James Bond novels are latest books to face rewriting as 'censorship' debate rages
The James Bond spy novels have become the latest works of popular fiction to be revised to accommodate 21st-century sensibilities.
Ian Fleming's popular espionage books will join other popular fiction to be amended over concerns some text and passages, including ones regarded as being sexist or racist, are not appropriate for readers today.
But it has also kicked off a fierce debate in the literary world, with some critics describing the move as "woke censorship".
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The Bond thrillers – from 1953's Casino Royale to 1966's Octopussy and The Living Daylights – will be re-released in April to coincide with the books' 70th anniversary.
But they'll be without some racist language and ethnic references.
The changes were to be made after a review commissioned by the Ian Fleming estate.
The revised Bond novels will also include a disclaimer: "This book was written at a time when terms and attitudes which might be considered offensive by modern readers were commonplace. A number of updates have been made in this edition, while keeping as close as possible to the original text and the period in which it is set."
Fleming died in 1964.
The announcement came after the series of popular Roald Dahl children's books recently underwent a similar review.
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Bruce Isaacs, a film and modern culture scholar at the University of Sydney, told 9News.com.au he thought it was "incredibly dangerous" to change existing text.
"I was stunned to read about Roald Dahl … it is tantamount to a form of censorship."
Last month The Telegraph reported that current editions of Dahl's books – which include classics such as Matilda, The BFG, and Charlie and the Chocolate Factory – published by Puffin had been revised and edited by an organisation called Inclusive Minds.
Language relating to gender, race, weight, mental health and violence had all been cut or revised, including the removal of words like "fat" and "ugly," and descriptions using the colours black and white.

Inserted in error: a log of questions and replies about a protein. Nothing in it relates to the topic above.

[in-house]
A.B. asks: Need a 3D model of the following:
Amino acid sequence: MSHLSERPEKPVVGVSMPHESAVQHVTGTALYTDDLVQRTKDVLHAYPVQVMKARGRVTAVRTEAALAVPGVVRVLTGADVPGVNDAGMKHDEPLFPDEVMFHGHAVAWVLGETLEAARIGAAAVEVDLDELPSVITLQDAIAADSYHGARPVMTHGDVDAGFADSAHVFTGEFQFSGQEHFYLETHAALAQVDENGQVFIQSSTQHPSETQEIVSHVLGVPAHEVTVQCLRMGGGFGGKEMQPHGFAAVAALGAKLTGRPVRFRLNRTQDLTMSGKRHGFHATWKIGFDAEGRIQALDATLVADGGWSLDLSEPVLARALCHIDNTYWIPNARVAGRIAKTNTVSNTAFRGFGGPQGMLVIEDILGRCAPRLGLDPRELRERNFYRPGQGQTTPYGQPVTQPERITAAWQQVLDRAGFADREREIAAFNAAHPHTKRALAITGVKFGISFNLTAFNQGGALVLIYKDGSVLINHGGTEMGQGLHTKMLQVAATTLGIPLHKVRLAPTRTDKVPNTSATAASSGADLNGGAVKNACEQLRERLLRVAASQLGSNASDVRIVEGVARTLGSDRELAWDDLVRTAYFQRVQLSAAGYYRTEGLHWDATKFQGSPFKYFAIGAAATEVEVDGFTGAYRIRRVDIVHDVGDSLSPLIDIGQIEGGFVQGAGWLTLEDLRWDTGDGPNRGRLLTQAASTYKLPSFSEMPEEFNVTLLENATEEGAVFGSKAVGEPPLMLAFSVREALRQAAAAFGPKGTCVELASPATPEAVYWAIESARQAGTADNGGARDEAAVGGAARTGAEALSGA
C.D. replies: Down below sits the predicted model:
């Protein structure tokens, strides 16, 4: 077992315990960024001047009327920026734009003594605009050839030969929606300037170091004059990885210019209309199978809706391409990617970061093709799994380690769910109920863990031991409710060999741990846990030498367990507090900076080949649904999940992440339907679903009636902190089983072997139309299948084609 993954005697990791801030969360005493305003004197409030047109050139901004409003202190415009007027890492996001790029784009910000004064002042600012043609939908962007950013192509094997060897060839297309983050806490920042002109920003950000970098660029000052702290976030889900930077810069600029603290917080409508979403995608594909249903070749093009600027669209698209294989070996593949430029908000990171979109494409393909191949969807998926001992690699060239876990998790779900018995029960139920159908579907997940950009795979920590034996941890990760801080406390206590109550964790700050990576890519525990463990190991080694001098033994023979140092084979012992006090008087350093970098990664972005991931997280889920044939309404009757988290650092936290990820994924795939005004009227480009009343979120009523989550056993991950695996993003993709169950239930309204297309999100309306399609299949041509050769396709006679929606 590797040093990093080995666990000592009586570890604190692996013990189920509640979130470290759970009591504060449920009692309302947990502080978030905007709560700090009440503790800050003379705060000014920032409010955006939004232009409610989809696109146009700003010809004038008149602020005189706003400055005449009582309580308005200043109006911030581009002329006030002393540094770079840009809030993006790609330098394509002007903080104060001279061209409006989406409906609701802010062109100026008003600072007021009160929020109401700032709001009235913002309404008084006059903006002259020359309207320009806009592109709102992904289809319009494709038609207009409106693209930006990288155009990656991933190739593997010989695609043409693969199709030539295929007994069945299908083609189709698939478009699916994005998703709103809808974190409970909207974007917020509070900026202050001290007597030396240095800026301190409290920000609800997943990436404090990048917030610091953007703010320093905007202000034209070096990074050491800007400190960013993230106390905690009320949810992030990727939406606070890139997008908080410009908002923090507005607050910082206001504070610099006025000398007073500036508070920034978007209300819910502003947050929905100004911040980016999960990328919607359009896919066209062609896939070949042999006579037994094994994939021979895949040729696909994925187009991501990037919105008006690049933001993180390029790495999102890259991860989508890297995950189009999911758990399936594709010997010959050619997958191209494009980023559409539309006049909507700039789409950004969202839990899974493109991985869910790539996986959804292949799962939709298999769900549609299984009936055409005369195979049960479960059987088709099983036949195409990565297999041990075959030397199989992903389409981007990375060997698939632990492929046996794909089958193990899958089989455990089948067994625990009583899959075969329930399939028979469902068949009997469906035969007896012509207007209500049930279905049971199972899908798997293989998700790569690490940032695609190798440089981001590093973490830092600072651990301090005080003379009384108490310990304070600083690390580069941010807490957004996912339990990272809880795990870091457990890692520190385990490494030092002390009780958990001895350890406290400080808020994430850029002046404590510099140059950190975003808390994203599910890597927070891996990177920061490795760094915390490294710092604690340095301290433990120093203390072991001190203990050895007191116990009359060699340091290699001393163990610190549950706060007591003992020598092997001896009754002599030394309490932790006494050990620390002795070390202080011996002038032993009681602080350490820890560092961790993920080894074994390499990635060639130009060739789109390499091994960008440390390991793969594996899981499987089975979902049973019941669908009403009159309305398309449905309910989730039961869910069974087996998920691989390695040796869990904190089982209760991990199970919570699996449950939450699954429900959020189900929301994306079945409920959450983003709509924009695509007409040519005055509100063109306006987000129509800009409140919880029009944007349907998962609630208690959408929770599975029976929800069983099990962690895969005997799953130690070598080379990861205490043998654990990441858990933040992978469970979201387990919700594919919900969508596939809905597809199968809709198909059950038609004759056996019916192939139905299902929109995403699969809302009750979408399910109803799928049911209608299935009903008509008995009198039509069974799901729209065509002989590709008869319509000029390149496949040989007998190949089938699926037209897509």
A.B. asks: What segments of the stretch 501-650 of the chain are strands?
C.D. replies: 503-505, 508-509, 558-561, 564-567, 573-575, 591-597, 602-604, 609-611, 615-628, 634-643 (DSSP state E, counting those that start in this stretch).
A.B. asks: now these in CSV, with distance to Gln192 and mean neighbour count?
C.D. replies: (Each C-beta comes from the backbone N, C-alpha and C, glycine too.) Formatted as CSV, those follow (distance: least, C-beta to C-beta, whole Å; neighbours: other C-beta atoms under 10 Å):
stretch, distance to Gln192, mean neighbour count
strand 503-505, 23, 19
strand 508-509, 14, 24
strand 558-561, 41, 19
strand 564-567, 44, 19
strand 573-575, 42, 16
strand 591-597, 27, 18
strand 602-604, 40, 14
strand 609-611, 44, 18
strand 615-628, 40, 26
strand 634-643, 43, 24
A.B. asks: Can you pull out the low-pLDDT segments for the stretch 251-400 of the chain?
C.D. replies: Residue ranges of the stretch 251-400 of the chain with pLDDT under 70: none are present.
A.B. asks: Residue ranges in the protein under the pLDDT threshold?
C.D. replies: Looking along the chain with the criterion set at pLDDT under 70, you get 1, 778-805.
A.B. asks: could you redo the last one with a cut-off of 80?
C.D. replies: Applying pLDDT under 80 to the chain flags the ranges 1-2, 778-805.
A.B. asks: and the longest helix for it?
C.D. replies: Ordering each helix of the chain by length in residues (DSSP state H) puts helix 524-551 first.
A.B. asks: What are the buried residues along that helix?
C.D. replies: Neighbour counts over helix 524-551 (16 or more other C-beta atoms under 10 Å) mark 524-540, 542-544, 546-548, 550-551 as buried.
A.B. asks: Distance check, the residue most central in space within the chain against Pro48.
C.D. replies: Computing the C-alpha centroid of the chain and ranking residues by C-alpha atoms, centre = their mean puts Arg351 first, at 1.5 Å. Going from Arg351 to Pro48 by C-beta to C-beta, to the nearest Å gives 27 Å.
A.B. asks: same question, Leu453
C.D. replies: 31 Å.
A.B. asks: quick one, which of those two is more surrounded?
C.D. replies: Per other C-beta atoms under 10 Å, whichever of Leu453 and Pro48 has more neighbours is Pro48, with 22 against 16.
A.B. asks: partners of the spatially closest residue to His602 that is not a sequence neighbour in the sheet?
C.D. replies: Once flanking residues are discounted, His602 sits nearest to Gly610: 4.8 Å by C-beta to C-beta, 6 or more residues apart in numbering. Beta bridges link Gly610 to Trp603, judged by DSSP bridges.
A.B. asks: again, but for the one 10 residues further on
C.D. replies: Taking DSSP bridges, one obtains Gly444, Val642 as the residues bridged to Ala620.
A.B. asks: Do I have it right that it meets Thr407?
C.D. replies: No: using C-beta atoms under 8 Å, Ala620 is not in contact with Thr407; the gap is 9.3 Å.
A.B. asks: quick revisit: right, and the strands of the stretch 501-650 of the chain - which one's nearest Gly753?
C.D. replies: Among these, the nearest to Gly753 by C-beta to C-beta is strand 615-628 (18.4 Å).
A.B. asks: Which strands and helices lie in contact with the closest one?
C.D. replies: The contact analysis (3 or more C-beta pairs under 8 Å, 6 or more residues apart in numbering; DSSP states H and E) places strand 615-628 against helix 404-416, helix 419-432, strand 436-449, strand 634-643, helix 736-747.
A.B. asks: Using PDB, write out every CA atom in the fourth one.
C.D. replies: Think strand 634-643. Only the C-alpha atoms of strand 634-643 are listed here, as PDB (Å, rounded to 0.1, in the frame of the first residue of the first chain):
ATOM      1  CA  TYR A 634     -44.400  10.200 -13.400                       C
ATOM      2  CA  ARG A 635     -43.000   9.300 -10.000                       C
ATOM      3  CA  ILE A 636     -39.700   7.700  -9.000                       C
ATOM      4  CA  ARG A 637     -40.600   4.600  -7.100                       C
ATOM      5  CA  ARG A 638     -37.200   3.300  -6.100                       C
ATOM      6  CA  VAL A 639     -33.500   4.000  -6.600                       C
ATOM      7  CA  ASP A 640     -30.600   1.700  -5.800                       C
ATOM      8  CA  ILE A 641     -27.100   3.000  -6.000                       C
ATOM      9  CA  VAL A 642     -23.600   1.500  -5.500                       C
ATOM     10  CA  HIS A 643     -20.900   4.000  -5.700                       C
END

Dahl died in 1990.
Isaacs said while it was important to protect children from negative influences, some older fiction could help today's readers understand issues of the past that pervade society now.
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But others believe some changes, or 'updates', are part of the evolution of literature.
Australian children's author Andy Griffiths wrote in The Sydney Morning Herald that "children's books are not sacred texts".
He said removing parts of text that may cause offence to today's readers was part of the editing and publishing process.
"Words that might reasonably be predicted to upset or offend sections of the audience are, in most cases, better off being replaced [unless, of course, your intention is to deliberately upset and offend]."
He said rewriting usually finishes after a book has been published, "but in the case of books that have outlived the times in which they were written I think an argument for a sensitive consideration of whether the word-choice matches current sensitivities is justified."
Griffiths believed writers and publishers had a duty to be attuned to feelings in today's society.
"As we gain greater awareness and sensitivity towards all the different groups and types of people that make up our society, it's entirely appropriate that we cast a sensitive ear to the words we use to speak to each other both in everyday life and in books for children."
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But Isaacs points to the rewriting of other fiction such as the children's books by Enid Blyton and is concerned the publishing industry is embarking on a slippery path to a form of censorship.
He said George Orwell's novel, 1984, set in a dystopian world of a totalitarian world government showed the importance of language.
Authorities create "Newspeak", a language created to slowly replace English, with words and phrases omitted every year.
"George Orwell knew about the danger of changing text and language … in 1984 he showed how if you control language, you can control society."
– With CNN